On 20 April 2012 Minister for Arts, Heritage and the Gaeltacht, Jimmy Deenihan, TD, launched an exhibition of artifacts relating to the life of Sir Roger Casement (1864-1916) – in particular his sword and his hat – which were seized by the London Metropolitan Police after his arrest in 1916. These had remained in the possession of the Metropolitan Police until last March, when they were returned to the National Museum of Ireland.
These items are of particular interest because they had been worn Casement in 1911 when he was knighted by King George V for exposing the abuses suffered by natives employed in the rubber trade in the Putamayo region of the Amazon basin. Casement’s hat and sword were placed on public display for the first time ever in the National Museum of Ireland on Wednesday 20 April 2011.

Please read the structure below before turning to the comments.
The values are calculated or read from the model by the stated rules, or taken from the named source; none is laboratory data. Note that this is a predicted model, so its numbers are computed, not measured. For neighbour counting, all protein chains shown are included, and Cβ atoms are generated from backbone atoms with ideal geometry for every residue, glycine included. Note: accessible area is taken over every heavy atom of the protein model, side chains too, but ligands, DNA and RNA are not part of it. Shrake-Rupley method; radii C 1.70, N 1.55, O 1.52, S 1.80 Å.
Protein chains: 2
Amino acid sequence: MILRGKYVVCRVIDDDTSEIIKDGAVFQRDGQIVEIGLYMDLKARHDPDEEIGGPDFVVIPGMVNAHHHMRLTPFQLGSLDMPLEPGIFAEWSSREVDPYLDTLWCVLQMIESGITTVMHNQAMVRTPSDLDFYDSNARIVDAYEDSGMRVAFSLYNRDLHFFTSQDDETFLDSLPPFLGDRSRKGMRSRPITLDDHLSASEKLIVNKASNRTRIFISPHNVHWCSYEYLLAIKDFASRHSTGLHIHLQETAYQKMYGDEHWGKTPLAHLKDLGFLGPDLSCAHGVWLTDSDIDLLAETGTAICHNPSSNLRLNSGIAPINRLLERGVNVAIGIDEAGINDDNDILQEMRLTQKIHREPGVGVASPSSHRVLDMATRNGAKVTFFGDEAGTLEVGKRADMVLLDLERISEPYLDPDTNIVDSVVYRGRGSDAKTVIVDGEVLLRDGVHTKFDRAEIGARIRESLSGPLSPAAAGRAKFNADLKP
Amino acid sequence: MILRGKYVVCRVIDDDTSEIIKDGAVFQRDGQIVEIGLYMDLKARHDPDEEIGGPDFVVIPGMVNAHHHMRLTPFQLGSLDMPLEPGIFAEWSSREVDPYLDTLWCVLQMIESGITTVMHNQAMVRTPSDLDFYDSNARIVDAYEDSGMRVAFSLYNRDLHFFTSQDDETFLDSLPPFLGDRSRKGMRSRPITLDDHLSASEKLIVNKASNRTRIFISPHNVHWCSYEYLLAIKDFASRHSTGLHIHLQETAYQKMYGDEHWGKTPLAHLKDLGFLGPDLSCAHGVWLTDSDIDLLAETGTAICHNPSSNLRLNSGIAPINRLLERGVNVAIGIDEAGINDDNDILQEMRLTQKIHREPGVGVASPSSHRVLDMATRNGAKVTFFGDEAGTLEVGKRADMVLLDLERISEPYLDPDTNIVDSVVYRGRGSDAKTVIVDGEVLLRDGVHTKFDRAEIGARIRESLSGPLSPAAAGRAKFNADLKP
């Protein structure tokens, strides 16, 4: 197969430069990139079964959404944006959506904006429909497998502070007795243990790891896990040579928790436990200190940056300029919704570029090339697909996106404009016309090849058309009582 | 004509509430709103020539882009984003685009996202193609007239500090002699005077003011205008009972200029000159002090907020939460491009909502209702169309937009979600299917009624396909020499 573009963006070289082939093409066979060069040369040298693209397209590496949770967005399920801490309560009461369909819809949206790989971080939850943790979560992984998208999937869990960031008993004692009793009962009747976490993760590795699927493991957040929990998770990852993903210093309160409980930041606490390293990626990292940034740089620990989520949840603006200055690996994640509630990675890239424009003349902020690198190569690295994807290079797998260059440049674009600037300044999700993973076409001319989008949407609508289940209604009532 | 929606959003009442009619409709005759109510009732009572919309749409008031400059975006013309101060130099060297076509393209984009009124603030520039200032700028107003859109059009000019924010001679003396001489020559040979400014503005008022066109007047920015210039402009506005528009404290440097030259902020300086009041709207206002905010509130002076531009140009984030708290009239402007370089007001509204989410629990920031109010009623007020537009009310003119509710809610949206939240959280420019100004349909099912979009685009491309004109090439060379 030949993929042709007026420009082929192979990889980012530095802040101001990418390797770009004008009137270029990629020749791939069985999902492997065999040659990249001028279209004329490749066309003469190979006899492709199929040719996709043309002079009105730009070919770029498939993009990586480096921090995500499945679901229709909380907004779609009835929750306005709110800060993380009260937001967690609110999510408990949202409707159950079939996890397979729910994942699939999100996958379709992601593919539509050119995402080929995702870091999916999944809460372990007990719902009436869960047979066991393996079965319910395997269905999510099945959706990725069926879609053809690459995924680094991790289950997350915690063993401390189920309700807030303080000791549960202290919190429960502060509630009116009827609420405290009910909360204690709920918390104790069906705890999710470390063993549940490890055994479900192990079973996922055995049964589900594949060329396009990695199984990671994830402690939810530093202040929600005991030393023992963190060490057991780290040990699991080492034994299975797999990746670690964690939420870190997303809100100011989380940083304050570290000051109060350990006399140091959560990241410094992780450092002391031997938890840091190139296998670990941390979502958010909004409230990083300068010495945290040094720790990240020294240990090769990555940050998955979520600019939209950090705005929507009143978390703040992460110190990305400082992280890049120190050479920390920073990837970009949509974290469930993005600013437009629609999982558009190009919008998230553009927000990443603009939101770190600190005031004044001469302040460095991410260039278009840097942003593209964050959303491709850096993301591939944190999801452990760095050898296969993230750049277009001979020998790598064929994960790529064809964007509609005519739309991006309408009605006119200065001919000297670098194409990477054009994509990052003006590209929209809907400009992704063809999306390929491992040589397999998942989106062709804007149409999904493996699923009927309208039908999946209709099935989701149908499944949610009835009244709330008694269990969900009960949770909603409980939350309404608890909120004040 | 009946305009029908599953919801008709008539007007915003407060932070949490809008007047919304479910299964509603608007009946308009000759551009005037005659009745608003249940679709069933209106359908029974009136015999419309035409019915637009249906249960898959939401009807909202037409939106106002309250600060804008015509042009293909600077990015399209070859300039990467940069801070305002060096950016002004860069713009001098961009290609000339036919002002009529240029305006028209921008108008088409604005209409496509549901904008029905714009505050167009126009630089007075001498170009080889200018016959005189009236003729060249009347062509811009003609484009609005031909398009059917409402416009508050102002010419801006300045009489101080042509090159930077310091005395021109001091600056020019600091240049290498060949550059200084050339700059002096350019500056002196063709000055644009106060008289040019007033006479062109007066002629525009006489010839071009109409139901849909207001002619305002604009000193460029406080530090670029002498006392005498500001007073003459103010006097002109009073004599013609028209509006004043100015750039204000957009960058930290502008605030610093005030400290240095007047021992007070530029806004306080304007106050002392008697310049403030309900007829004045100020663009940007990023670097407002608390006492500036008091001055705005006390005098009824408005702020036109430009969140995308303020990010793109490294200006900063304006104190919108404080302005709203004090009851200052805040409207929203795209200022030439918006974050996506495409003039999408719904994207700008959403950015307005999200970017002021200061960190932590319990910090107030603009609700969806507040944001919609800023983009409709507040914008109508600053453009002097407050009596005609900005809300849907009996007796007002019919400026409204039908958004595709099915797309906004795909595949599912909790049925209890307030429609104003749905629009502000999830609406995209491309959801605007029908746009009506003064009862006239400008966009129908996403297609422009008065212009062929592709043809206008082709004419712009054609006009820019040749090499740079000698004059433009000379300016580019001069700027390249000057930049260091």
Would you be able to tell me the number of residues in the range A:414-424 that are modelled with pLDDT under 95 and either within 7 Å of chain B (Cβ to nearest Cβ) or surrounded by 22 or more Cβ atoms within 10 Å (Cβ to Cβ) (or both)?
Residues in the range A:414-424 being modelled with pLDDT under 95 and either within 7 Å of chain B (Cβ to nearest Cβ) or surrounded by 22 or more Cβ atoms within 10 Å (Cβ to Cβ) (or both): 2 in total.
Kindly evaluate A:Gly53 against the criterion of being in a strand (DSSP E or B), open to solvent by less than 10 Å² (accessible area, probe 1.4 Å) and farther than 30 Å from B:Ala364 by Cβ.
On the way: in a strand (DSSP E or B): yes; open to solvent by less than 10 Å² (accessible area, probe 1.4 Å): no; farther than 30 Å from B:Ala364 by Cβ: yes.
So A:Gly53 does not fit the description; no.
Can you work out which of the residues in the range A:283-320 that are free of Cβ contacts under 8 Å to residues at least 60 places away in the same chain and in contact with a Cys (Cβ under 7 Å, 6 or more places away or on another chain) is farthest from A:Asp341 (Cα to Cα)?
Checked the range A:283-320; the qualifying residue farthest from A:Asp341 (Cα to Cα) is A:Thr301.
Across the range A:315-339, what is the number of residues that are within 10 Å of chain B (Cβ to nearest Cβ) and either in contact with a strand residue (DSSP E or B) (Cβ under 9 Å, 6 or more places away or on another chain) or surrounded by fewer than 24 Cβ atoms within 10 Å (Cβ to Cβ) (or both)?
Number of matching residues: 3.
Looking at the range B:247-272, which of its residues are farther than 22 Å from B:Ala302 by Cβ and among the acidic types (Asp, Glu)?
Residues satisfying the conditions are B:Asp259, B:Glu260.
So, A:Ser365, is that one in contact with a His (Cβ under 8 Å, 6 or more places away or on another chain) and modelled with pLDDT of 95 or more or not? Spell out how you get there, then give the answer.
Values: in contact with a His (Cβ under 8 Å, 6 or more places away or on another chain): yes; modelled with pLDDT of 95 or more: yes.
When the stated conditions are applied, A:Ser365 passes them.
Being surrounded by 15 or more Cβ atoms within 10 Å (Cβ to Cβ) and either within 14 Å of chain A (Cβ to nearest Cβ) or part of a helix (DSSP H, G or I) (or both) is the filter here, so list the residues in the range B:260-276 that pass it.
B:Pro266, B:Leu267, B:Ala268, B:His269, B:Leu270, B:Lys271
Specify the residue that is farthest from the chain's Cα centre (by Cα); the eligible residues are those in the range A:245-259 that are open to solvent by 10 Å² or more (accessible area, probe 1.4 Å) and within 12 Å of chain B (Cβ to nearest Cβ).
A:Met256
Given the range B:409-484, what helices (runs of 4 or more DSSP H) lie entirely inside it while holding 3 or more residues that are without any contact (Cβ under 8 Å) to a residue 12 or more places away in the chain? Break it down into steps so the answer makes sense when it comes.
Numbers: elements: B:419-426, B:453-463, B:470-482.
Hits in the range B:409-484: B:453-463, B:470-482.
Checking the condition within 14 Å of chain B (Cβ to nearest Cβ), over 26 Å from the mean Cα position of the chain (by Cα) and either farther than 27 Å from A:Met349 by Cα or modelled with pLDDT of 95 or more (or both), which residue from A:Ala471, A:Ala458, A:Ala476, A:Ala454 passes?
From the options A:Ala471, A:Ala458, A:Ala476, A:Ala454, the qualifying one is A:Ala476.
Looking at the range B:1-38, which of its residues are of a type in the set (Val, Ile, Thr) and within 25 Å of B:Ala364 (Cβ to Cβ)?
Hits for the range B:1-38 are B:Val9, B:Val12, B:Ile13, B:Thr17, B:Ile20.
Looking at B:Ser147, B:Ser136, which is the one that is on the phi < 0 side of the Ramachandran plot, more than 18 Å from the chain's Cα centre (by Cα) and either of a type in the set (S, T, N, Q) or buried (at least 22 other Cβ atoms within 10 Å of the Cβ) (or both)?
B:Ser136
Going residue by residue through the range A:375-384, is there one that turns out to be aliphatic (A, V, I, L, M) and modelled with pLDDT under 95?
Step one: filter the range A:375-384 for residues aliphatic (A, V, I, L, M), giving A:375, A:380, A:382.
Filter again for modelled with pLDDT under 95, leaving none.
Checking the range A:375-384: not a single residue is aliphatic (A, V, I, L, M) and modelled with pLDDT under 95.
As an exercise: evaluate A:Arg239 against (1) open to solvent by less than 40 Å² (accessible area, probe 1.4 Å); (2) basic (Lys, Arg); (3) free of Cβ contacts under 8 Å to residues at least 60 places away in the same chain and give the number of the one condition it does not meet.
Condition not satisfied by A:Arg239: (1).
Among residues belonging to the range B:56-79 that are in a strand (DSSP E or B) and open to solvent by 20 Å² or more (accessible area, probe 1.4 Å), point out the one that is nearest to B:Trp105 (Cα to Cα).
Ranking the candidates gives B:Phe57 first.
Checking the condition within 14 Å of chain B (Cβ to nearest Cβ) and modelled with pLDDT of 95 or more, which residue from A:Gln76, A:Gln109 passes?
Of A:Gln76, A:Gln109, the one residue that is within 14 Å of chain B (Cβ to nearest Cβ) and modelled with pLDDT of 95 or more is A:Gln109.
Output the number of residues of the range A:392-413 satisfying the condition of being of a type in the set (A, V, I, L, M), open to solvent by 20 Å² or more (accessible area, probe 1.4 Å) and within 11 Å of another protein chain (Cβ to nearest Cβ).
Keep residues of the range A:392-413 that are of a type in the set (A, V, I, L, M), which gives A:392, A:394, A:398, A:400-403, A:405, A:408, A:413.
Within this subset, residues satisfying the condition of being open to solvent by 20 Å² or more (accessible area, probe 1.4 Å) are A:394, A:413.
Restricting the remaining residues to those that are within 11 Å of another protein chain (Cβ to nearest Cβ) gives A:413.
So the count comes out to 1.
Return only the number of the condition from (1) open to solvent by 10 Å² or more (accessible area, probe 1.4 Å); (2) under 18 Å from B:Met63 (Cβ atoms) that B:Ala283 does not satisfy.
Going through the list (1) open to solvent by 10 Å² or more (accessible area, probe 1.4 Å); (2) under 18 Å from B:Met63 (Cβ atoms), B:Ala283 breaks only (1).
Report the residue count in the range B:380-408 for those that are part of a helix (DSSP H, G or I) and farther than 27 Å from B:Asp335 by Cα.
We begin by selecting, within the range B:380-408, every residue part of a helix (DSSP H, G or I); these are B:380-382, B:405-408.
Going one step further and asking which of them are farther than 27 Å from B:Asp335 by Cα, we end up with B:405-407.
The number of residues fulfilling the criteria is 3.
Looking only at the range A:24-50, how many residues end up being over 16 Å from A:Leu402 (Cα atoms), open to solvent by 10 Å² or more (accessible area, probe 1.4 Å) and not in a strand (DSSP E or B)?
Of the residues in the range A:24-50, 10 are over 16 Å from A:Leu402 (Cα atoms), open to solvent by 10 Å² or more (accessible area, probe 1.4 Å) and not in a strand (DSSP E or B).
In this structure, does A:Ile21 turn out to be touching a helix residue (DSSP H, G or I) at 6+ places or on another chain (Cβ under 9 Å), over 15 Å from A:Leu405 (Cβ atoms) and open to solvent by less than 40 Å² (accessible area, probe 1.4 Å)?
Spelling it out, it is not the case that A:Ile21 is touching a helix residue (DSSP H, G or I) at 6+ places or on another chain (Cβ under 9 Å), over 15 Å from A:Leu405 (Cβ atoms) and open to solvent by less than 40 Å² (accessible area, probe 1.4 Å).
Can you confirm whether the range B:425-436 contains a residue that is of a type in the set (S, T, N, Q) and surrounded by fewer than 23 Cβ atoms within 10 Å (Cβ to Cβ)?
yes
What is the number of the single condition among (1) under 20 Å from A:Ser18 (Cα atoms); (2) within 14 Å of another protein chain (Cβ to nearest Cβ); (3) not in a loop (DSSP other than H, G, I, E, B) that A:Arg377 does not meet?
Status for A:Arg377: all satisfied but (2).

The items came into the possession of the London Metropolitan Police following Sir Roger Casement’s capture on Banna Strand, Co. Kerry, prior to the Easter Rising. Casement was subsequently hanged for treason in Pentonville Prison, London in the summer of 1916. His body was returned to Dublin in 1965 and re-interred in Glasnevin cemetery.
The items were presented to the director of the National Museum by John Yates, Deputy Commissioner of the London Metropolitan Police, at a reception in the Irish Embassy in London in March 2011. They were placed on display in the Soldiers and Chiefs exhibition, which traces Ireland’s military history from 1550 into the 21st Century, in the National Museum, Collins Barracks.
To read Minister Deenihan’s speech, click here.
Learn about the National Museum of Ireland’s Soldiers and Chiefs exhibition.
From History Ireland: Paul Bew on Sir Roger Casement.